Monkey's subjected to the ordinary sounds of a workman's day -- beginning with the alarm clock in the morning, through the jackhammers and diesel generators of the work place, to television late at night, quickly develop very high blood pressure, researchers reported yesterday in Science magazine.
The research proves for the first time that ordinary noise levels can cause serious physical damage besides hearing impairment, the researchers at the University of Miami said, and the noise can do so without first damaging hearing.
Similar results have been achieved in a second experiment at Miami with two or monkeys. But the full program of research, designed to determine what physical damage normal noise levels can cause, is very likely to end prematurely. The Reagan administration budget calls for killing the noise abatement program of the Environmental Protection Agency, the group that has funded the research.
The monkey's listened to the sounds in an ordinary worker's life for about nine months. They suffered no hearing loss, but did experience an average leap of 27 percent in blood pressure rates. When the noises stopped and the experiment was over the high blood pressure rates continued for at least a month, and may be permanent.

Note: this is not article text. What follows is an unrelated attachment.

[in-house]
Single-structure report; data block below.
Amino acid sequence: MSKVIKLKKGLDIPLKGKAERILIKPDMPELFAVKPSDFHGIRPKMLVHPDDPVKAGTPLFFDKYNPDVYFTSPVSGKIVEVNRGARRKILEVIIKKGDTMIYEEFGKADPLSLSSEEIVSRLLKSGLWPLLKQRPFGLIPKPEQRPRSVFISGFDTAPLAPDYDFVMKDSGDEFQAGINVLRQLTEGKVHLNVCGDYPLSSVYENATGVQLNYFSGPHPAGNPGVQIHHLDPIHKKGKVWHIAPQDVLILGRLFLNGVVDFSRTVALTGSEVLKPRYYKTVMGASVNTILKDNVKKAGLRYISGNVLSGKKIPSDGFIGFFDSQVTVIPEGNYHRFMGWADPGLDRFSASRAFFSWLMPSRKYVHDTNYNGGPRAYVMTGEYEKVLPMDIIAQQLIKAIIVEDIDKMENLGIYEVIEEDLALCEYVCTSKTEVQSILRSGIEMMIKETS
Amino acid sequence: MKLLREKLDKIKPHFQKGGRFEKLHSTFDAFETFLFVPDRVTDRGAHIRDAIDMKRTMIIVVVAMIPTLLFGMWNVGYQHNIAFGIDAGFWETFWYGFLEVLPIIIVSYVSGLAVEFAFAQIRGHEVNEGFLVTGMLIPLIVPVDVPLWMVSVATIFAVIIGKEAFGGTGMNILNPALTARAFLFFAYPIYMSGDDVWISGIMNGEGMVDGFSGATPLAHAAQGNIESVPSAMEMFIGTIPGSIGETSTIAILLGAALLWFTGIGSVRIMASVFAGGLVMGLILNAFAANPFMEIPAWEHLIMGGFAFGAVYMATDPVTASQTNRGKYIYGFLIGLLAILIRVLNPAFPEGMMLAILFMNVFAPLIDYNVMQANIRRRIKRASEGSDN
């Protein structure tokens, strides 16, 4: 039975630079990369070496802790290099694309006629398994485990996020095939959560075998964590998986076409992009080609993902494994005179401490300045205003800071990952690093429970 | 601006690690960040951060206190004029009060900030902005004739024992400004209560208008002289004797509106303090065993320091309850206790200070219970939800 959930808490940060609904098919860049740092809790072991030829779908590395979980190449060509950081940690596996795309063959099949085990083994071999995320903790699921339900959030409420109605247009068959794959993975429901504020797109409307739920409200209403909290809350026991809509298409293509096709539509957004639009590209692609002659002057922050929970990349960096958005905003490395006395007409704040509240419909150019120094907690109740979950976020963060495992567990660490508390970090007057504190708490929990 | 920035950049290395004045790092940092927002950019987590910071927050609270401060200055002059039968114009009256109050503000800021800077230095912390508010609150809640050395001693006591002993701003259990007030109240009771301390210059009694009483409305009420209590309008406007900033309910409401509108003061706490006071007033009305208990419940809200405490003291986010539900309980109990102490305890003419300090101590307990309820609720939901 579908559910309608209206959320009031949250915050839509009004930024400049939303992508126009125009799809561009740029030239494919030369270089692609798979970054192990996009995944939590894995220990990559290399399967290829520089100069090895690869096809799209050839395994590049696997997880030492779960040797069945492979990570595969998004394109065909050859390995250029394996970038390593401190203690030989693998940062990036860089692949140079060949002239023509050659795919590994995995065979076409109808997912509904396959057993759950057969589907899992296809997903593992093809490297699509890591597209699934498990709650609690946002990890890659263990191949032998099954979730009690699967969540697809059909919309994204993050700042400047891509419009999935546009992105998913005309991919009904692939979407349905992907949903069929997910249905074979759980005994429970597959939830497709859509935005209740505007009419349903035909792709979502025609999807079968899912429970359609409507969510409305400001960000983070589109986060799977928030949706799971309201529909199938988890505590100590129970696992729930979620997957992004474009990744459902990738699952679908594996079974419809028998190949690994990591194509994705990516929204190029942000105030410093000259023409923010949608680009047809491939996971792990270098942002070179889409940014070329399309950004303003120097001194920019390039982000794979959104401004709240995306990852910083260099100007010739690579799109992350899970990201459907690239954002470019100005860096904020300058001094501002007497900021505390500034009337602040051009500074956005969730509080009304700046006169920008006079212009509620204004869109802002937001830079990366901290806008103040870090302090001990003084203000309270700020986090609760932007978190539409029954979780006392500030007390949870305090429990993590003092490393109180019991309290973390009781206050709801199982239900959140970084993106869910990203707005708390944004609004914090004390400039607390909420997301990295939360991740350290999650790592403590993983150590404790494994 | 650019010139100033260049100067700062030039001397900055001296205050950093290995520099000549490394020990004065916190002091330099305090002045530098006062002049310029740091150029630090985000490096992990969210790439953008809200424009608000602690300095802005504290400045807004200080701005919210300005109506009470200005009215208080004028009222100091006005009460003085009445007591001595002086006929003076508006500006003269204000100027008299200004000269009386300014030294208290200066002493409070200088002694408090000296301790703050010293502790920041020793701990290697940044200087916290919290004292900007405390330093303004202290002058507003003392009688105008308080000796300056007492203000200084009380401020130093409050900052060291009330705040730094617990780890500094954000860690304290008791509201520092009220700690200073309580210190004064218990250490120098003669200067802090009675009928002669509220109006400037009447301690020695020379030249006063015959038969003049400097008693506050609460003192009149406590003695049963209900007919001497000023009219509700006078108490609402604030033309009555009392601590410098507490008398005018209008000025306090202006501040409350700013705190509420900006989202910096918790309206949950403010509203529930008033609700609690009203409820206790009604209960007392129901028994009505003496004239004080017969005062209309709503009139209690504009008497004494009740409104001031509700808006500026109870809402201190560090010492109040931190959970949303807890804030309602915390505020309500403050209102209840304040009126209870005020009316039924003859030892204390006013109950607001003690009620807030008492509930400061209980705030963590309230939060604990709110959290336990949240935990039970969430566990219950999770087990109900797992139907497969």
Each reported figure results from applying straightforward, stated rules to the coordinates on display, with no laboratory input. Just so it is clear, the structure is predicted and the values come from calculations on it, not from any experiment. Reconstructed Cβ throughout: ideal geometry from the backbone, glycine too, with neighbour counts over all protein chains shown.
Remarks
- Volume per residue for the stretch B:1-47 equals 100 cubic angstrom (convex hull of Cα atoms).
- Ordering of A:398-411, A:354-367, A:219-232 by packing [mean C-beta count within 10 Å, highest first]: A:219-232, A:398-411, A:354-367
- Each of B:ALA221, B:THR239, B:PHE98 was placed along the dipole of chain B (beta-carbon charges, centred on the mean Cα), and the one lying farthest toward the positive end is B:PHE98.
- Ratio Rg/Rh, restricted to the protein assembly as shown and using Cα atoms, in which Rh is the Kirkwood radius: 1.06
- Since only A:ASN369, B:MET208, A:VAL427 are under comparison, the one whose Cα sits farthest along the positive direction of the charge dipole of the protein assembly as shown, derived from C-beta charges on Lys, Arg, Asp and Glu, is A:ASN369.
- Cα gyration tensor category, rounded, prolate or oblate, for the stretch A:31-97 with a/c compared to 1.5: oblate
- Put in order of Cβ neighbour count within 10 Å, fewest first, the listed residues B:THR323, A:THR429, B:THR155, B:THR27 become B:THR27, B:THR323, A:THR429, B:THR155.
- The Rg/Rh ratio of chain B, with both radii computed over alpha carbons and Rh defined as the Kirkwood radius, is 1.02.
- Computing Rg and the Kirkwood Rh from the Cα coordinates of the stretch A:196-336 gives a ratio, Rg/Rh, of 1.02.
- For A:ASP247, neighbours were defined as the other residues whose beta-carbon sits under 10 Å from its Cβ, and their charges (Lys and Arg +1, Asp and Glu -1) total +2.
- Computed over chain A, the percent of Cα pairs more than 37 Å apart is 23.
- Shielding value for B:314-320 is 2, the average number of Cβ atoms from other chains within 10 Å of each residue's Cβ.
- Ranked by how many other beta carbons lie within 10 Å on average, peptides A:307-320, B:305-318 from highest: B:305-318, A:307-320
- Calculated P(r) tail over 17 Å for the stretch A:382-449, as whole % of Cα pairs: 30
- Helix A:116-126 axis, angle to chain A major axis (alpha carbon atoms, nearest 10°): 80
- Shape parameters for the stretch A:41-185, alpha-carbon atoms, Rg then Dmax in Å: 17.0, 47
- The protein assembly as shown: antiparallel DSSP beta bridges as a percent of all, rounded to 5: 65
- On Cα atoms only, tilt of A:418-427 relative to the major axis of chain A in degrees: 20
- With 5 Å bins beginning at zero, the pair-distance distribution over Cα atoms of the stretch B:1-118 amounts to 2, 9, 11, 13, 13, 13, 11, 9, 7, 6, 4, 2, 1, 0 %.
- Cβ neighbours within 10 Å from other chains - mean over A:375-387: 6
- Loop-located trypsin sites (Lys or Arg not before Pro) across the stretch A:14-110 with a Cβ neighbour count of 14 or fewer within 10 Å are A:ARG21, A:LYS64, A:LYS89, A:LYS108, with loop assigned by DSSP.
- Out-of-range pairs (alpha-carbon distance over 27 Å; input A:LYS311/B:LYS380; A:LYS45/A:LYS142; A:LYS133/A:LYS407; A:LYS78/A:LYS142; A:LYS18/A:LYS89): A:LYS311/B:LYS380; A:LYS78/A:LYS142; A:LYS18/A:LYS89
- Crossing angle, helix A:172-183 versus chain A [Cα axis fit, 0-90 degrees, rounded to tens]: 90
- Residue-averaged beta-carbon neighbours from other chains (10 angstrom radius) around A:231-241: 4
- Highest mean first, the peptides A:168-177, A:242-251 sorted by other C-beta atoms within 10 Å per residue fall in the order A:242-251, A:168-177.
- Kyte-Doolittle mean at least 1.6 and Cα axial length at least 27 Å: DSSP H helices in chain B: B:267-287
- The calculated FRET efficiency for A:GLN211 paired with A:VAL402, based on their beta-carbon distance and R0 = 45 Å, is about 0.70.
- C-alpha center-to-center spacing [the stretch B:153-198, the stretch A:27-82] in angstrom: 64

"We were trying to imitate as closely as possible the actual level and quality of sounds in the life of a person who works in industry," said the chief researcher on the project, Dr. Ernest Peterson of the University of Miami. The noises used on the monkeys were tape-recorded from life and the noise levels adjusted to be accurate representations of what an industrial worker would actually hear day and night.
During the first half-hour of the monkey's day, it heard sounds of running water, gargling, shaving, the noise of the radio playing through the sounds of a shower, and 20 minutes of the Today Show, along with other household noises.
Morning and evening rush hours were simulated with a dozen different kinds of car engines and other traffic sounds. The loudest sounds came during working hours, when diesel generator sounds and other machinery noises were mixed. At monkey lunch time there were cafeteria noises. Even at night, when the monkey's were asleep, air-conditioner sounds and a few distant motorcycle noises were played.